I think that for some people this pandemic has forever altered how they will interact with the outside world.  During the past two weeks I have traveled a fair amount (more than I usually do), and it is interesting to see the wide disparities in how people or states react to the virus, especially in terms of masking.  I understand that at the beginning and then at its height (pre-vaccine) masking was the only protection and we simply had no institutional experience with a worldwide pandemic.  But as this has dragged on now for the better part of two years, and we have clear evidence that the virus' spread and effect is abating (both overseas and in our own country), I am concerned that regardless of all that some will never adapt to a world where they do not feel the need for extensive protection.  Some will forever be reduced to hiding from unseen germs, fearful of being too close to others indoors, masking at all times, well after the pandemic is declared an endemic.  Fear is the new pandemic in some areas, and the mental health fallout will continue to mount in the coming months and years.  Perhaps part of this is a reflection of an increasingly secular, non-Christian society that feels vulnerable and helpless in the face of dangers, real and imagined, without any sense of faith in a God who has control and power over all things.  Part of this may also be due to a fear of death, having no hope of anything beyond this life.  I am sorry that so much fear still lingers in the air.  But I am thankful for the many people I interact with daily who do not live in this shadow and continue to approach life in a balanced way understanding the risks, but determined nonetheless to live fully.

I favor the balanced approach as well, Don.  With a blizzard coming tonight, we will indubitably have way, way, way more people watching the livestream than in attendance in person.  25 for two services would be a blockbuster day given the NYC ability to clean streets and create parking spaces at the same time, which is nil.  Plus slick sidewalks, slips and falls and the like.  But we soldier on.  One of the vicars is preaching.

What were the rubrics on vaccination/masks/etc. at the recent Ft. Wayne Symposium?  That usually brings a wider audience to the fair Fort.  What did you sense to be the attitudes of the pastors and leaders assembled there with regard to the corona virus? 

Dave Benke

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Re: Coronavirus news
« Reply #6026 on: January 28, 2022, 11:41:02 AM »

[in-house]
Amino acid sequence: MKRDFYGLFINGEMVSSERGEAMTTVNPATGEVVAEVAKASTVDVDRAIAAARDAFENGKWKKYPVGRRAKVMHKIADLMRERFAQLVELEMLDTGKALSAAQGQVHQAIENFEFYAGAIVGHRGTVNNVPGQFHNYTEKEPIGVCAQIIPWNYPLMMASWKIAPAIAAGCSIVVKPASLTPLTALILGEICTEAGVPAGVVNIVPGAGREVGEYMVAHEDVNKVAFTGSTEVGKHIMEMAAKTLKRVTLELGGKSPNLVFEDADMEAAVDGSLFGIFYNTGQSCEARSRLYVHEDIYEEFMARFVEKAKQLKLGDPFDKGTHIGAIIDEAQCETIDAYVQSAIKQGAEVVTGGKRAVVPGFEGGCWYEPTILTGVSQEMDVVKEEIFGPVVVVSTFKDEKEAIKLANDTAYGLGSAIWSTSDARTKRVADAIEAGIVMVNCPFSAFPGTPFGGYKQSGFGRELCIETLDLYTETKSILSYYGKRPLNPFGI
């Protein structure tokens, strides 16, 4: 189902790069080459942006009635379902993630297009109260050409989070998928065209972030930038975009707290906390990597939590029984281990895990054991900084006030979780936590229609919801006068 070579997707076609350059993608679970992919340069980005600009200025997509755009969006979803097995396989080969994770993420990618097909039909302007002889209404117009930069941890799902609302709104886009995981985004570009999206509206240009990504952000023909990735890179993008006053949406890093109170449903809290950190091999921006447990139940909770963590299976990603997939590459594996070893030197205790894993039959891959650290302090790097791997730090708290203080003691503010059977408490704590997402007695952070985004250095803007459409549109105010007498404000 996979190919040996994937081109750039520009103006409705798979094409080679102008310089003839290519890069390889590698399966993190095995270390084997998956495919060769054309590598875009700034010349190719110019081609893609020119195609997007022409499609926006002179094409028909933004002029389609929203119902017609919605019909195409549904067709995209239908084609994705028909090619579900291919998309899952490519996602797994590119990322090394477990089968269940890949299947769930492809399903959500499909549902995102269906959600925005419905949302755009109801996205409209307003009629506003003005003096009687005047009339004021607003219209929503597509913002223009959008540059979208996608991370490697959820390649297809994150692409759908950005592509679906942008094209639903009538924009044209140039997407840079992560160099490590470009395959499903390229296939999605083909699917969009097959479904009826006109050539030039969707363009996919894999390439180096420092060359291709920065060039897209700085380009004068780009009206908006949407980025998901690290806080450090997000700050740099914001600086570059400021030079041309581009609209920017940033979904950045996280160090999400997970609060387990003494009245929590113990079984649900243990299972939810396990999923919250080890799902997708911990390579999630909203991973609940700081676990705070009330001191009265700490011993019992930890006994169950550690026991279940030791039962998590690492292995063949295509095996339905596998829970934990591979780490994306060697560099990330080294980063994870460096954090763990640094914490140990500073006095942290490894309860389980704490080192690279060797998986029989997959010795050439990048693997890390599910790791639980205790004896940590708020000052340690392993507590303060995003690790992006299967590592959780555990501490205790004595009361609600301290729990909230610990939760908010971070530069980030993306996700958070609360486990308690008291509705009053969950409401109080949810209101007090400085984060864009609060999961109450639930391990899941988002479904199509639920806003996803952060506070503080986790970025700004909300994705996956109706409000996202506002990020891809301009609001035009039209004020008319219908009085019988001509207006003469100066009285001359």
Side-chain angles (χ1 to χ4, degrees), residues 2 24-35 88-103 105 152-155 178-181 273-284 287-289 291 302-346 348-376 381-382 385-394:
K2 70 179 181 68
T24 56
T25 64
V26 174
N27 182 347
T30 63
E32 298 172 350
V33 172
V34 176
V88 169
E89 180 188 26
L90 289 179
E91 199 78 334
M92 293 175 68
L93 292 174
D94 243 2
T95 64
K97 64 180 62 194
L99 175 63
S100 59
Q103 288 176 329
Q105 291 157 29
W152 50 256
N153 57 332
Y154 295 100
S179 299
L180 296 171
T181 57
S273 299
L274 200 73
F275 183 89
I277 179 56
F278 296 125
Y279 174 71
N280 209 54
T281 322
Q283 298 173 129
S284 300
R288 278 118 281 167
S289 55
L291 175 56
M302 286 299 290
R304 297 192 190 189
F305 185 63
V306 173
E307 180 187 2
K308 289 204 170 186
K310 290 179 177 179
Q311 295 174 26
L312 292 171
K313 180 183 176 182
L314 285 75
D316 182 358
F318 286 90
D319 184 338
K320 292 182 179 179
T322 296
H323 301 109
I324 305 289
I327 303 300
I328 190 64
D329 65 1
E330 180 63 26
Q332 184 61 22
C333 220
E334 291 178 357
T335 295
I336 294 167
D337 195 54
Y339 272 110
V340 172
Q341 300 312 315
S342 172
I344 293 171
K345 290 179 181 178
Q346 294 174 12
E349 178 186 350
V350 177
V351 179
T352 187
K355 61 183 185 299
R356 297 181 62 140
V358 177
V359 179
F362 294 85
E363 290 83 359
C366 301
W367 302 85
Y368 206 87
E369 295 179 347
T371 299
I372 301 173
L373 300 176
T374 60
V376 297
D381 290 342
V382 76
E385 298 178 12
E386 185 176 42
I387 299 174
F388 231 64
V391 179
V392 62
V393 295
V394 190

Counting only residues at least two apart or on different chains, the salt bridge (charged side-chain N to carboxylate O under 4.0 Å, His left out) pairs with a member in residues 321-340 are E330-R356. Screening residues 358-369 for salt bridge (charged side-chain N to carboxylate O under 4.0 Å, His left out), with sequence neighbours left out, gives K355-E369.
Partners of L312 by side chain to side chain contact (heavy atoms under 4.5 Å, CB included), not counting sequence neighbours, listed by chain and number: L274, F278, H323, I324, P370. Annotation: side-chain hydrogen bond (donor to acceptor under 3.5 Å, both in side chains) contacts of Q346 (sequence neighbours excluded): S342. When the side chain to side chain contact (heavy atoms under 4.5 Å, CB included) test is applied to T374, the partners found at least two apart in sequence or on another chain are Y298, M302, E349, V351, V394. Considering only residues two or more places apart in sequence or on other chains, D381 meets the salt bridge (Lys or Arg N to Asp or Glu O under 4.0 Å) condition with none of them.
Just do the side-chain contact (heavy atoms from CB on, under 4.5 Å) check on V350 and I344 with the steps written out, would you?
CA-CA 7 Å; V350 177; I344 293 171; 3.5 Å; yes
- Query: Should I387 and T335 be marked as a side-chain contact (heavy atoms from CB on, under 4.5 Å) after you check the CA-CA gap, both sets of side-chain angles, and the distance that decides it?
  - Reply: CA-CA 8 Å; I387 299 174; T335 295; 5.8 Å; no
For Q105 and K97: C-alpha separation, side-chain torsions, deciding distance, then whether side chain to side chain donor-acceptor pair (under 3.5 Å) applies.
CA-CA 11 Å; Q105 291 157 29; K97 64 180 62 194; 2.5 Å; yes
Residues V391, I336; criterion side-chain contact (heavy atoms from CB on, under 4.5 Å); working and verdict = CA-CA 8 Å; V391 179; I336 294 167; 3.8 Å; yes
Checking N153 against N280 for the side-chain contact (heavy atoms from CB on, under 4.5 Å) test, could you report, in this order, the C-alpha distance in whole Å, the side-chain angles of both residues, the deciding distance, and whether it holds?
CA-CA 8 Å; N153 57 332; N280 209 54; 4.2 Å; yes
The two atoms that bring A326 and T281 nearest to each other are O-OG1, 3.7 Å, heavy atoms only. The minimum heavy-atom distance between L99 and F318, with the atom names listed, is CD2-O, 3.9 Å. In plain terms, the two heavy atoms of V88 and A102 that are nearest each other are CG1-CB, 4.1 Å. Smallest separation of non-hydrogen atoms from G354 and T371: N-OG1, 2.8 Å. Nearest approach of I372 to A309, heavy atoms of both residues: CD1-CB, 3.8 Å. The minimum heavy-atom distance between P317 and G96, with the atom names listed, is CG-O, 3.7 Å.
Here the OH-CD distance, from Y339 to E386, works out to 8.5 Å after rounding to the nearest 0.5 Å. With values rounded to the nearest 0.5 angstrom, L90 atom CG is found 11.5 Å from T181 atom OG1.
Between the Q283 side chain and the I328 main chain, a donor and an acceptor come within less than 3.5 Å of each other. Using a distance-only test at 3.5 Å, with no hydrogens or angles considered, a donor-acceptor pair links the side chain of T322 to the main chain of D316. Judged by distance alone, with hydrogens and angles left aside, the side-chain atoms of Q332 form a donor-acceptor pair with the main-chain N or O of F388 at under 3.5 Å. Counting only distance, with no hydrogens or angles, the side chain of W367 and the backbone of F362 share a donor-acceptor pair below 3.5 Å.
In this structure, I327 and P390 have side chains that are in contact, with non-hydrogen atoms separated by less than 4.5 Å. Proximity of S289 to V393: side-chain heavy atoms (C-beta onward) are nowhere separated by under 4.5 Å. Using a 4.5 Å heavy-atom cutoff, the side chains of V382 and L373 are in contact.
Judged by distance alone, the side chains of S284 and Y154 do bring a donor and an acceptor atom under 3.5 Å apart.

I recently was visiting my mother in the hospital. We had to wear a mask and had our temperature checked. Only one person was allowed in the room, and I was supposed to stay only 1 hour. (I was there for about 8 hours after I had an ambulance take her to the hospital.)


She's now in a rehab facility. The addition they have over the hospital as that they require o N95 or KN95 mask (which they will provide). Two people are allowed in a room, but we are only supposed to stay for 20 minutes.


My wife and I toured an assisted living facility. We were masked, but the guide spent an hour or more with us. We were able to talk with residents. (They were not quarantined in their rooms.)
"The church … had made us like ill-taught piano students; we play our songs, but we never really hear them, because our main concern is not to make music, but but to avoid some flub that will get us in dutch." [Robert Capon, _Between Noon and Three_, p. 148]

Dave Likeness

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Re: Coronavirus news
« Reply #6027 on: January 29, 2022, 01:41:06 PM »
The local parish is only as strong as its interpersonal relationships.
This was the point of view of church consultant Lyle Schaller.  This will
especially apply to congregations during the Covid 19 pandemic.  In
person worship on Sunday is the goal for vaccinated and masked folks.

The church is not a building, but people who gather together as the
body of Christ around Word and Sacrament.  Each parish must decide
how to encourage their members to return to in person worship and
take steps to make it easier for those who are hesitant.

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Re: Coronavirus news
« Reply #6029 on: January 29, 2022, 06:01:35 PM »
https://brownstone.org/articles/lockdowns-did-not-save-lives-concludes-meta-analysis/

More and more data suggests the panic was just that— panic, and it didn’t do any good.